The result was a standard California Public Records Act request submitted to city attorneys for each of the county’s nine cities and the Sonoma County office that handles code enforcement. That helped me expose shortfalls in code enforcement divisions, as well as track cases as they were under investigation.

Four months later, it became evident that I needed current data that could reveal the current extent of the problem. I focused on Santa Rosa and the county because that is where the majority of violations were. I also focused on cities that did not appear to investigate substandard housing as required by the state health and safety code, including Petaluma, Healdsburg and Sonoma – three of the county’s wealthiest cities.

After my records requests were fulfilled (a process that was helped by my pre-reporting and early interviews), I went to each code enforcement office to look through paper files. I took detailed notes of violations, dates, names, and so on. I built a hand-curated database cataloging all open investigations.

A few of the smaller cities only had a few records, so I had those emailed to me and then entered then into my database.

Along with the database (which I turned into a map), my reporting was largely informed by extensive on-the-ground reporting. I went to peoples’ homes and observed firsthand the conditions people were living in. I went to sources’ offices for face-to-face interviews. I went on ride-alongs with code enforcement officers. I went back again and again and asked more questions to push back on my hypotheses and reporting.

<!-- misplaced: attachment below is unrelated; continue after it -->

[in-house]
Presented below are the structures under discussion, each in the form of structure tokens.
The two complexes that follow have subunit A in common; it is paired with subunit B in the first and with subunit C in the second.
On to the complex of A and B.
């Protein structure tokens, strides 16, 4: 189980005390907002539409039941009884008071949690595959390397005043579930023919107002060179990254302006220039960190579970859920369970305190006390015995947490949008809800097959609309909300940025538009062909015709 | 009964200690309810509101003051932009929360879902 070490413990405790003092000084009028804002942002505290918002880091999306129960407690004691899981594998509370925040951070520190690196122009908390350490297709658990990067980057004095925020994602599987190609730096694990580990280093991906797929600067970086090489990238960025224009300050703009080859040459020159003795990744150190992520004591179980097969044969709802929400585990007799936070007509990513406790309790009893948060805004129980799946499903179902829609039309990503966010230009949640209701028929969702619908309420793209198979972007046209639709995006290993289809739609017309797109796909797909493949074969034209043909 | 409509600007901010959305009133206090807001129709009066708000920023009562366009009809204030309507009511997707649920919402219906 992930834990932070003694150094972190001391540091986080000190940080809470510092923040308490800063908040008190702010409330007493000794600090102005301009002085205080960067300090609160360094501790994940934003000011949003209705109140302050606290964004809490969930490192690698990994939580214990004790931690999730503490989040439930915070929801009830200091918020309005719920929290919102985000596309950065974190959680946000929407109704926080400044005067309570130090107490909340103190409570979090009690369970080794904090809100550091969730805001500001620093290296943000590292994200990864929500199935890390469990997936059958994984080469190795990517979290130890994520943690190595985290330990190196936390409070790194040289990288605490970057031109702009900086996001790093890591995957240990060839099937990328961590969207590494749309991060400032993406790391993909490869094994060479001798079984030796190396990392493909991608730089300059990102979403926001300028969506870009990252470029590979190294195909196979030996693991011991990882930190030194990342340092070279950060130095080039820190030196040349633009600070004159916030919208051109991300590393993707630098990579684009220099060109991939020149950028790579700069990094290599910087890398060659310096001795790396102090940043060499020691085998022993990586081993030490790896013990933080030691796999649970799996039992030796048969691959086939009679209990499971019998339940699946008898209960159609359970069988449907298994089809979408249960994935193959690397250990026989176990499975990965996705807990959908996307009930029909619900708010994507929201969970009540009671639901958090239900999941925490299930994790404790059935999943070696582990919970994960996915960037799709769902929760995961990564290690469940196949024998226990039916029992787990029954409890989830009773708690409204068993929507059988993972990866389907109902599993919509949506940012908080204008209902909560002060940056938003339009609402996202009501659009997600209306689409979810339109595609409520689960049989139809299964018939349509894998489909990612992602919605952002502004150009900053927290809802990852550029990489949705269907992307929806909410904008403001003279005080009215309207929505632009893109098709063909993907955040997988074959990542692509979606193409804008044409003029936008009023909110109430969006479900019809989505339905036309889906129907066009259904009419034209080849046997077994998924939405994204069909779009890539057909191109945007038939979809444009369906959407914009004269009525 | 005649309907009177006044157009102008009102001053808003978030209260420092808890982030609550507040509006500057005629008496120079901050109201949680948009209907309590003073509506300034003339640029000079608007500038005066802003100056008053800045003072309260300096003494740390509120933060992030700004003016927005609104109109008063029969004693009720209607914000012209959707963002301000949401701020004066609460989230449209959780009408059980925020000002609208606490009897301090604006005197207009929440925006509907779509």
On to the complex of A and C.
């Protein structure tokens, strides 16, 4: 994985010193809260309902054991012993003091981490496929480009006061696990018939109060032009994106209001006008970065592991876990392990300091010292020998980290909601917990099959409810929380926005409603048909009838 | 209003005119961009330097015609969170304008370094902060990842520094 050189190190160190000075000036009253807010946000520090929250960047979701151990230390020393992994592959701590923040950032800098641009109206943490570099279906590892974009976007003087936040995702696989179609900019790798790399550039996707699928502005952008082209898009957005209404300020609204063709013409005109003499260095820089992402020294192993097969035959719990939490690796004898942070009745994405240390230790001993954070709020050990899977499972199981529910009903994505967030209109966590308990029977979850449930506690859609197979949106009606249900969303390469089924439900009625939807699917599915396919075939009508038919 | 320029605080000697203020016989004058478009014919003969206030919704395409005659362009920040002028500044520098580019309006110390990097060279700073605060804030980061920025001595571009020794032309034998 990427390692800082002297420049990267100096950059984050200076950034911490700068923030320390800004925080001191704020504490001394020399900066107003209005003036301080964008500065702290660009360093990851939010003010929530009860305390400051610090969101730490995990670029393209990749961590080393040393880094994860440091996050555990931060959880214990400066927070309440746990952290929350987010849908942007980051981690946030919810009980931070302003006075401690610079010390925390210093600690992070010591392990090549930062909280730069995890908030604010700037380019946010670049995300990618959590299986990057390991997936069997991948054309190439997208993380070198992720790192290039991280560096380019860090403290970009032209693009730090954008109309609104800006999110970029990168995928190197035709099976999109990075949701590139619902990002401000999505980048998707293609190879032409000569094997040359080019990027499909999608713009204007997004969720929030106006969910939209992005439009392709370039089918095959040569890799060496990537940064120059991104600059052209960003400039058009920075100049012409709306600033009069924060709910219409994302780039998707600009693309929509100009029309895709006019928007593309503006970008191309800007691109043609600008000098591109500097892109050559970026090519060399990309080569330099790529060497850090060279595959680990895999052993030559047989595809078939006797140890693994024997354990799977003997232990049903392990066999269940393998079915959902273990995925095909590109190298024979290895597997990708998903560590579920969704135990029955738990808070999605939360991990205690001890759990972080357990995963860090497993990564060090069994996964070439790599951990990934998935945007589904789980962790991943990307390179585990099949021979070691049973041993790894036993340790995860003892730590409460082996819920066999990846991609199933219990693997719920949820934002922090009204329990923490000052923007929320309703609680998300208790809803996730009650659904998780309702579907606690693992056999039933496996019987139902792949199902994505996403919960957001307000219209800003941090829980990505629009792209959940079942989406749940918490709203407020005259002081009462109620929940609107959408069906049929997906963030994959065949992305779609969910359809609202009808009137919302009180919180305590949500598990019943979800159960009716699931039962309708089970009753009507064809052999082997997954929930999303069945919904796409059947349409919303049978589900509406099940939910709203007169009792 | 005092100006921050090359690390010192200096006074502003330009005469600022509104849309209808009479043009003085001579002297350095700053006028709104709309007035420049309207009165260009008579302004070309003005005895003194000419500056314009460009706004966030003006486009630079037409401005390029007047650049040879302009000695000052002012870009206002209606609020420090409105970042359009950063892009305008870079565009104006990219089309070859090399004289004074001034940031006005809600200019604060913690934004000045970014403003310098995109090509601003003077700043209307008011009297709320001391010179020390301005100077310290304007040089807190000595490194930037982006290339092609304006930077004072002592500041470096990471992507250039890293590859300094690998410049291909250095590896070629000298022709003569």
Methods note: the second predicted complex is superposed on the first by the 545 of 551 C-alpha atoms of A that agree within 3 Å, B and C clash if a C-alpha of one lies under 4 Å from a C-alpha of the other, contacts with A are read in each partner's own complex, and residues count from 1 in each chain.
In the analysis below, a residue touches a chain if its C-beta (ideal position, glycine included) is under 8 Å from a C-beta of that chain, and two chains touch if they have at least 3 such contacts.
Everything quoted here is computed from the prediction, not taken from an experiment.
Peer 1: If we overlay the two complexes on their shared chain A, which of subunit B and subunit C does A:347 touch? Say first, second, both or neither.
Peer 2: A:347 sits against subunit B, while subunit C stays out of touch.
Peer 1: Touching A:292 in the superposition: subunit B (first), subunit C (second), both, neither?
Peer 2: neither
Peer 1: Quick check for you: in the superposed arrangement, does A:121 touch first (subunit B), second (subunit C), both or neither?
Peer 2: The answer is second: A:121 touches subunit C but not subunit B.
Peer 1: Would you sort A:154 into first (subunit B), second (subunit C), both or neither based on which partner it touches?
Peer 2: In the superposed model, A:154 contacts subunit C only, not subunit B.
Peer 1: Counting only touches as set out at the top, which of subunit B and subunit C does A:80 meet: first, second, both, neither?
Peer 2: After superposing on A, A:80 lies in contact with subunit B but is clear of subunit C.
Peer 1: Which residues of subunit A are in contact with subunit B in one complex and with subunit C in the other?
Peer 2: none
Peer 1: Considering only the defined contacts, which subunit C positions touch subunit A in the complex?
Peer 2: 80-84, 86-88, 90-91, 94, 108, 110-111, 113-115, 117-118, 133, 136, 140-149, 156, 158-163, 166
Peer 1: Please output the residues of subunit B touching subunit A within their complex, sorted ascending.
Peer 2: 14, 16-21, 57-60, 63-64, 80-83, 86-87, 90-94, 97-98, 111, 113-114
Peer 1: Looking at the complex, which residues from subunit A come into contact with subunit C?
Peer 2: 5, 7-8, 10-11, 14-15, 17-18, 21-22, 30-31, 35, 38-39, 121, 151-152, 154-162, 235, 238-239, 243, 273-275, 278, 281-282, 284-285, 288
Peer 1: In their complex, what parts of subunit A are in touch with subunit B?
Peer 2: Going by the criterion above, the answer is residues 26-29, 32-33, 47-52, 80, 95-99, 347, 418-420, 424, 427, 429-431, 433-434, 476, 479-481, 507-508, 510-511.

In daily beat reporting, this can be challenging, especially when trying to balance daily deadline pressures, but I put in extra hours and days for this and it paid off. The biggest challenge was balancing my county government reporter beat with a yearlong investigation. My editor and I had regular check-in meetings to track my progress.

The other challenge was identifying the heath consequences of such housing. I found a lack of data on health outcomes tied to substandard housing. What I couldn’t identify with data, I gathered through expert interviews and anecdotes. We were also careful to be specific, and in my reporting, say what we knew and what we didn’t.

The Press Democrat continues to track this story, including substandard housing lawsuits, policy changes and other problems faced by tenants. Click here for the full series.